Christmas traditions around the world: How other countries celebrate Christmas
Some Christmas traditions are rooted in centuries-old rituals based on local legend, religious conventions and folklore. From horned beasts and broomless witches, to fast-food dinners and singing processions, here’s how other countries celebrate Christmas.
- British Airways: Cabin crew perform surprise flash mob at T5
Broom Hiding, Norway
Throughout Norway today the locals will struggle to find any brooms as a result of one of the more unusual Christmas traditions.
The people of the Scandinavian country have for centuries hidden their brooms in a ritual that dates back to the time Norwegians believed in witches and spirits.
These evil entities were said to come out on Christmas Eve in search of brooms to ride.
In Austria St Nicholas’s nemesis, Krampus rears his head every year around Christmas.
Described as a beast-like horned demon that prowls through city streets, Krampus likes to scare children and punish any badly behaved kids.
Throughout the first week of December, it is traditional for men to disguise themselves as Krampus in order to frighten the children with chains and bells.
Kentucky Fried Christmas Dinner, Japan
Japan do not celebrate Christmas as ardently as the rest of the world.
But a recent ‘tradition’ has begun to gather familiarity in recent years.
The fast-food chain Kentucky Fried Chicken release a festive menu every year and its popularity has led to Japanese enjoying a Christmas Day feast at their local KFC restaurant.
From December 16 to Christmas Eve, Mexican children take part in nine Posada processions, which celebrate Joseph and Mary’s search for a place to stay.
Children are given candles and painted statuettes of Joseph and Mary, while houses are decorated with evergreens, moss and lanterns.
The procession calls at various houses where they sing about Joseph and Mary asking for a room in a house.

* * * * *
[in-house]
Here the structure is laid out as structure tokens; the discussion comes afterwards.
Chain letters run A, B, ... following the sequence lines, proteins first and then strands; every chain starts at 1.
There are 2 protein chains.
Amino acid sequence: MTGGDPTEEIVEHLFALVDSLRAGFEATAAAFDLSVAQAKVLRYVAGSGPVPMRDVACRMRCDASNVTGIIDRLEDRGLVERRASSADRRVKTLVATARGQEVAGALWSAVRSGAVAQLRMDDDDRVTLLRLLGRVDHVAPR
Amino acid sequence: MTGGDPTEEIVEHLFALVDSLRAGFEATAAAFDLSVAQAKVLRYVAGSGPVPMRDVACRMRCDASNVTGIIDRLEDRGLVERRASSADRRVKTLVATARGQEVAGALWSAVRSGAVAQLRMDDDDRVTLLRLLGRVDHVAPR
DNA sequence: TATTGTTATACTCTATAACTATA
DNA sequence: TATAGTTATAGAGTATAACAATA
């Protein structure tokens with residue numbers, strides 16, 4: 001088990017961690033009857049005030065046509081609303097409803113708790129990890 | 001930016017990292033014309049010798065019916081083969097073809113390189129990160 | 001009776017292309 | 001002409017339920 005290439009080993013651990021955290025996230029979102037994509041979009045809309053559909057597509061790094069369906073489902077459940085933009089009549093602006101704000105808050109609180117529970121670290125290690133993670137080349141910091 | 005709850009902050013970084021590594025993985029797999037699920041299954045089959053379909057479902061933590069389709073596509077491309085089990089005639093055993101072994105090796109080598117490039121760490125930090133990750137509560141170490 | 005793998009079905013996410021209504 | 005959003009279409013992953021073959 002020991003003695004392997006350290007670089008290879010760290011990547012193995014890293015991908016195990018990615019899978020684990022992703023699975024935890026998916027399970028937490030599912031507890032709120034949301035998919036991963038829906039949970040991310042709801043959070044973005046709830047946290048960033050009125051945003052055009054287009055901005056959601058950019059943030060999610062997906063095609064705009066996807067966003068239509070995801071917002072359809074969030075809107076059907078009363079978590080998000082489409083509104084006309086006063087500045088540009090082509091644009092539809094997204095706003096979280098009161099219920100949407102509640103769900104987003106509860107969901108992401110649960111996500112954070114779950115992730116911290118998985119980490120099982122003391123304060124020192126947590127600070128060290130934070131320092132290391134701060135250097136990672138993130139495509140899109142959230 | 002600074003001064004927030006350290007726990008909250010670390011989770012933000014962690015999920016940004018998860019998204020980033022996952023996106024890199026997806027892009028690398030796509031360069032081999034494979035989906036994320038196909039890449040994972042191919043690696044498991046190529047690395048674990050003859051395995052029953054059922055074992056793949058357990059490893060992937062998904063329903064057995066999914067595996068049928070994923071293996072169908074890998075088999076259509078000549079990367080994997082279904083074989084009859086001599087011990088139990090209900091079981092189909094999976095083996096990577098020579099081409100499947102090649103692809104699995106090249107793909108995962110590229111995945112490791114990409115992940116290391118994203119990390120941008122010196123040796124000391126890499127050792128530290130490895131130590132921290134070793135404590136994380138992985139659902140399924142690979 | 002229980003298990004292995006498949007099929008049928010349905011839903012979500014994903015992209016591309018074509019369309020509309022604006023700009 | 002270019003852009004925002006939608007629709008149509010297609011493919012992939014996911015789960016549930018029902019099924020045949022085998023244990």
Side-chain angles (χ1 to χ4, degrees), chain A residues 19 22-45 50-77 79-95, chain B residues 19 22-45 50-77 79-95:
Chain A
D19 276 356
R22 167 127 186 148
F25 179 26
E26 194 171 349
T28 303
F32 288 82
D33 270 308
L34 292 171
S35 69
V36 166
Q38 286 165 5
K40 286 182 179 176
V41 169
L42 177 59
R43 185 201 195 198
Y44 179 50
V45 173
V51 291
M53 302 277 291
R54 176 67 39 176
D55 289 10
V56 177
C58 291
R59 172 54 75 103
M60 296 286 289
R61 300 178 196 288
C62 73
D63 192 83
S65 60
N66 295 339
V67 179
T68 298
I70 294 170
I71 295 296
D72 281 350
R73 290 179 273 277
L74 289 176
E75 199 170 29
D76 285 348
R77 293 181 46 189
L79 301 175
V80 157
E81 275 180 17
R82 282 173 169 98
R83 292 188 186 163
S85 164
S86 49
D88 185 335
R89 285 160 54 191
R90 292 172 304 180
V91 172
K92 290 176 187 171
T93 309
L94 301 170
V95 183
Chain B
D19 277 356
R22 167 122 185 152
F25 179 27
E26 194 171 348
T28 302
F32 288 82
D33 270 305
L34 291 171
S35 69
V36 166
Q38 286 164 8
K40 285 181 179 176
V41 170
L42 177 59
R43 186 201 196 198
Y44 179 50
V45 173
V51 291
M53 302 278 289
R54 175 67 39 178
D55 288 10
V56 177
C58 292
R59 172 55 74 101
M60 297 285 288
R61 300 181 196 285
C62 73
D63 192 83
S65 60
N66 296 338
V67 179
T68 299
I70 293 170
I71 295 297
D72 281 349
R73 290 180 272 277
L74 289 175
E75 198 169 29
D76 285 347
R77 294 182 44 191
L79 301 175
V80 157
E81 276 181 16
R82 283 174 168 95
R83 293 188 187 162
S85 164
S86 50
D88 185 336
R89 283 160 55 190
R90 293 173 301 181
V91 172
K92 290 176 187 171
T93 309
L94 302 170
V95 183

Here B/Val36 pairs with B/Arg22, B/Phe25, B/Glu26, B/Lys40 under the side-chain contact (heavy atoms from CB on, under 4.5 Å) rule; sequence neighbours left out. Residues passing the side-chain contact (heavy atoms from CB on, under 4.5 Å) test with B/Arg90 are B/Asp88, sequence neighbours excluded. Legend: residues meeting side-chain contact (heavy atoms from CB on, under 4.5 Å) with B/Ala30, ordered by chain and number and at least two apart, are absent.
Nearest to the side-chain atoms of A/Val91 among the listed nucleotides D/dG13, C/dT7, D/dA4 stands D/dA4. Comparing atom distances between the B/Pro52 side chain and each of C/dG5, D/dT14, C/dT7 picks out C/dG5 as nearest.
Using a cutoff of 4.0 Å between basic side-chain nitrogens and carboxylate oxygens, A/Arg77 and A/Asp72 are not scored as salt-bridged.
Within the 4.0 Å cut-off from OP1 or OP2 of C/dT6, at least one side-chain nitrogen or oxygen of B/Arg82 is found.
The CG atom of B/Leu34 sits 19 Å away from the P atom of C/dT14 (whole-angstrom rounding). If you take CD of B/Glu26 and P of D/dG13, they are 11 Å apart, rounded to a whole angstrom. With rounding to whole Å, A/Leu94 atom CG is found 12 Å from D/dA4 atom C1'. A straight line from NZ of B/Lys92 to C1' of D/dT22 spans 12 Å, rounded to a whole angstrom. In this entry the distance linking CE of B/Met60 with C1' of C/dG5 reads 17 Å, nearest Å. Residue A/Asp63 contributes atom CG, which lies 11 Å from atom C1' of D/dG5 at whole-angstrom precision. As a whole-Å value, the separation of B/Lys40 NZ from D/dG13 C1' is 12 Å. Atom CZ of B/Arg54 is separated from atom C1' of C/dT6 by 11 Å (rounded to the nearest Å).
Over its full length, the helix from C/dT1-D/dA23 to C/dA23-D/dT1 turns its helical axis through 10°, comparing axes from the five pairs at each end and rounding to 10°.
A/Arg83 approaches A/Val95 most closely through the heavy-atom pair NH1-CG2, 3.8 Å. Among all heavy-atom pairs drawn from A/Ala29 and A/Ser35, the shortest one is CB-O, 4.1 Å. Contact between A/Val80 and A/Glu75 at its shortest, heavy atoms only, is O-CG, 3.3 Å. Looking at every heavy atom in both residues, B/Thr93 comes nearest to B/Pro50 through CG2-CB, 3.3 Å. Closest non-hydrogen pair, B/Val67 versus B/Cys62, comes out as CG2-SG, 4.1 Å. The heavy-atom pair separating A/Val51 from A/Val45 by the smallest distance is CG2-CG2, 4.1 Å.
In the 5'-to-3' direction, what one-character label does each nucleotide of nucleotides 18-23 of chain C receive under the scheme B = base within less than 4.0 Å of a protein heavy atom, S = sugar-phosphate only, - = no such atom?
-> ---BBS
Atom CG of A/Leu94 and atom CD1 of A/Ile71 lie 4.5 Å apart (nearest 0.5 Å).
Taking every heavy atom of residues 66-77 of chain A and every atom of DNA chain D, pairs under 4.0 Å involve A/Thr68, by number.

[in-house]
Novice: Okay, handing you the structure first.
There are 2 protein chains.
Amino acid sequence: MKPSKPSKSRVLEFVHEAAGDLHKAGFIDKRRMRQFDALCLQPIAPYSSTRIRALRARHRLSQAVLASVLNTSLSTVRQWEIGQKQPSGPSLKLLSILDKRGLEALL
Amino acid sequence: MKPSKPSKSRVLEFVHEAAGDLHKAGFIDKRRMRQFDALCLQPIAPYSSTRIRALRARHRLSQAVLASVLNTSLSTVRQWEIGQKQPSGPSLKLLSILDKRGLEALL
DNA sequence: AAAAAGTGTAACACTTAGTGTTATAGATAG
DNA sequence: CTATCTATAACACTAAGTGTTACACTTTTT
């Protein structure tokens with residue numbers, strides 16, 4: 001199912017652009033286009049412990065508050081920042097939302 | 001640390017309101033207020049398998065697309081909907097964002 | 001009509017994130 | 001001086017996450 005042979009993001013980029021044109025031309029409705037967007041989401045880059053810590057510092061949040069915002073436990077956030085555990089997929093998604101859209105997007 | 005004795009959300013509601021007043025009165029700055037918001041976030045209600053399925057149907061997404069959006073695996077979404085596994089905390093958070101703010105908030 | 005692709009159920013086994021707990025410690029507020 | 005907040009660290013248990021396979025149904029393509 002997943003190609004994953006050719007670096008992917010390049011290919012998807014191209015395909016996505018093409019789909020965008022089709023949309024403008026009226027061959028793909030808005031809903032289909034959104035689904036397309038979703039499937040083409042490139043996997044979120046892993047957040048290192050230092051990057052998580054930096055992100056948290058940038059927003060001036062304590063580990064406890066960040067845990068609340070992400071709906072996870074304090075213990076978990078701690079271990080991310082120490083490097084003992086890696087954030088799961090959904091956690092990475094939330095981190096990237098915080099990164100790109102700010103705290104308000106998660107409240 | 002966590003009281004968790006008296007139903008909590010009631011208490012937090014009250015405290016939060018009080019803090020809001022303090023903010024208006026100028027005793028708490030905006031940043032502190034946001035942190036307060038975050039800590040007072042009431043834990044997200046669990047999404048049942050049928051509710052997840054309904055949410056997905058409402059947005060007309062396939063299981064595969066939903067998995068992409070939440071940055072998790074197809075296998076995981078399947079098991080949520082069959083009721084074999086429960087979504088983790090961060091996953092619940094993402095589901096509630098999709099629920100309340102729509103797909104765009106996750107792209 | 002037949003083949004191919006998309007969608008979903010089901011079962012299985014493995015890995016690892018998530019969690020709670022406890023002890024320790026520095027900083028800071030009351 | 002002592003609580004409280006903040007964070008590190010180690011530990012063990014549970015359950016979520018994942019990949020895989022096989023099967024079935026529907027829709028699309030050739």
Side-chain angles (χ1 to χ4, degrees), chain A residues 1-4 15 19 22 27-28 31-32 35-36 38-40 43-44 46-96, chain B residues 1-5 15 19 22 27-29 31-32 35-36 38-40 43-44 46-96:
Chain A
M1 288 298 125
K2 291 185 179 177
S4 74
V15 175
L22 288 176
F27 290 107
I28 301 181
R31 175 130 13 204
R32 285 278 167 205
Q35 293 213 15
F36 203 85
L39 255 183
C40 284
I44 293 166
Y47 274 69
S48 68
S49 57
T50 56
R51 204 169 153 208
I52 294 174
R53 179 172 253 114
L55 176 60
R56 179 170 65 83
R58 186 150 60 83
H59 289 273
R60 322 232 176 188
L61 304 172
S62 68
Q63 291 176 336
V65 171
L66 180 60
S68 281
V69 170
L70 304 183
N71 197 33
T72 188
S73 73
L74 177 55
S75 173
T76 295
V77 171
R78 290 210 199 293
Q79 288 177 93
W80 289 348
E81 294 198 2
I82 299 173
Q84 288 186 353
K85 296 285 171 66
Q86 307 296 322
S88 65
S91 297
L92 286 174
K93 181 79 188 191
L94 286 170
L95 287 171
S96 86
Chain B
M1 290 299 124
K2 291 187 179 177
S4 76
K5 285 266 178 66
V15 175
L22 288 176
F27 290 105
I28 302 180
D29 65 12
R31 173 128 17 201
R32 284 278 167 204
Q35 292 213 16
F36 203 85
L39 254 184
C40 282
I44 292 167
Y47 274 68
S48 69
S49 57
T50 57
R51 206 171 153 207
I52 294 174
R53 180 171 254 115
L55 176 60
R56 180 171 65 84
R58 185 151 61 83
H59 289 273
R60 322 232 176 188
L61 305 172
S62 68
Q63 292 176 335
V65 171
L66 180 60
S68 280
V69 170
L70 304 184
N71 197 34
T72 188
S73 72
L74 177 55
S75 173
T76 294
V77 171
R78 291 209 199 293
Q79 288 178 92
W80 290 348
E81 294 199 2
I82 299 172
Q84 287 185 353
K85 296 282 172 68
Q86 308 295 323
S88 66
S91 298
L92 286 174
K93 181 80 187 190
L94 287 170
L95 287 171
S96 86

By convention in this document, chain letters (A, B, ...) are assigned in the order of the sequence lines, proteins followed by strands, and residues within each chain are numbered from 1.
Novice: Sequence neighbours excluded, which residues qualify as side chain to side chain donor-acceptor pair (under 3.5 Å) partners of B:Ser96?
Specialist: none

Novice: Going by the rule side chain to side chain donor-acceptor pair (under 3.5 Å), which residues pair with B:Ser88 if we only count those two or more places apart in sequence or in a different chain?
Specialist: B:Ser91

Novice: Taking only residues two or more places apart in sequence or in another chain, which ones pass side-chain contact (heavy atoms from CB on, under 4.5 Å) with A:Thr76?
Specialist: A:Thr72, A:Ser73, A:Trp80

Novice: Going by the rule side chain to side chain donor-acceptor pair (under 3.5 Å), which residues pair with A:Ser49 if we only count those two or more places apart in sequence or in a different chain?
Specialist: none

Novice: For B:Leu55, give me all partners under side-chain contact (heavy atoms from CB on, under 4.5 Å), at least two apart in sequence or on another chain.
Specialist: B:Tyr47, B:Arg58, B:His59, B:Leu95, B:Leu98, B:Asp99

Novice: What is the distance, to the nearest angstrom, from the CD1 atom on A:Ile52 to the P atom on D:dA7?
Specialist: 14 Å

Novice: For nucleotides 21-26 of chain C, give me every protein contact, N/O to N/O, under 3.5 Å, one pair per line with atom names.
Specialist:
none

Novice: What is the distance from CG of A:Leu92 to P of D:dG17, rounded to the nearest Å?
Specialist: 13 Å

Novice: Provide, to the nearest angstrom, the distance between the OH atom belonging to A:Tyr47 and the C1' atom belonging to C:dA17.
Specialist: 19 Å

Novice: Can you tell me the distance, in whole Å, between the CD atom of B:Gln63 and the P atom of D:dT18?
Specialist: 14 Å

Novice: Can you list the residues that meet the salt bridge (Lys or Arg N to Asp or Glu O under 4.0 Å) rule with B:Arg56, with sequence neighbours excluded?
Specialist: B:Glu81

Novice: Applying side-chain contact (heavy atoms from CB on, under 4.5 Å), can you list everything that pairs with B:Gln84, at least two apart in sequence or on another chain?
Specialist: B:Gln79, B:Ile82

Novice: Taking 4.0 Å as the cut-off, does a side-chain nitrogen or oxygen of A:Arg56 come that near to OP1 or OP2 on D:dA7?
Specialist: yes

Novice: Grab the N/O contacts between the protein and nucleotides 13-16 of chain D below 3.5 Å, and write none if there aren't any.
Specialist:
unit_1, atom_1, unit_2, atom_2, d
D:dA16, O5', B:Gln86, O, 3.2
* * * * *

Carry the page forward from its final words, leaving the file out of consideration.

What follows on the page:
The children are then let inside where a party is held and prayers of thanks are offered.
At the final Posada on Christmas Eve, a manger and figures of shepherds are laid out and a baby Jesus is put into the manger before families attend a midnight Church service.
The Yule Lads, Iceland
Thirteen sneaky troll-type characters, known as the Yule Lads, wreak havoc in Iceland in the 13 days leafing up to Christmas.
The Yule Lads, jólasveinarnir or jólasveinar in Icelandic, visit children across the country while dressed in traditional clothes.
On the nights of yuletide, children leave their best shoes by a window for a different Yule Lad each night to leave gifts for good children or rotten potatoes for naughty ones.
Christmas in India
Though only a small percentage (2.3 percent) of Indians are Christians, because of the country’s huge population it equates to 30 million people.
The largest Christian communities are found in Mumbai and in the state of Goa.
On Christmas Eve Christians in Goa light giant paper lanterns in the shape of stars before eating a traditional Christmas meal with either roast turkey or chicken.
Rather than decorating a traditional Christmas tree, locals opt for banana and mango trees as their choice.
In southern India, Christians put oil burning clay lamps on the roofs of their homes to symbolise that Jesus Christ is the light of their world.
Source: Read Full Article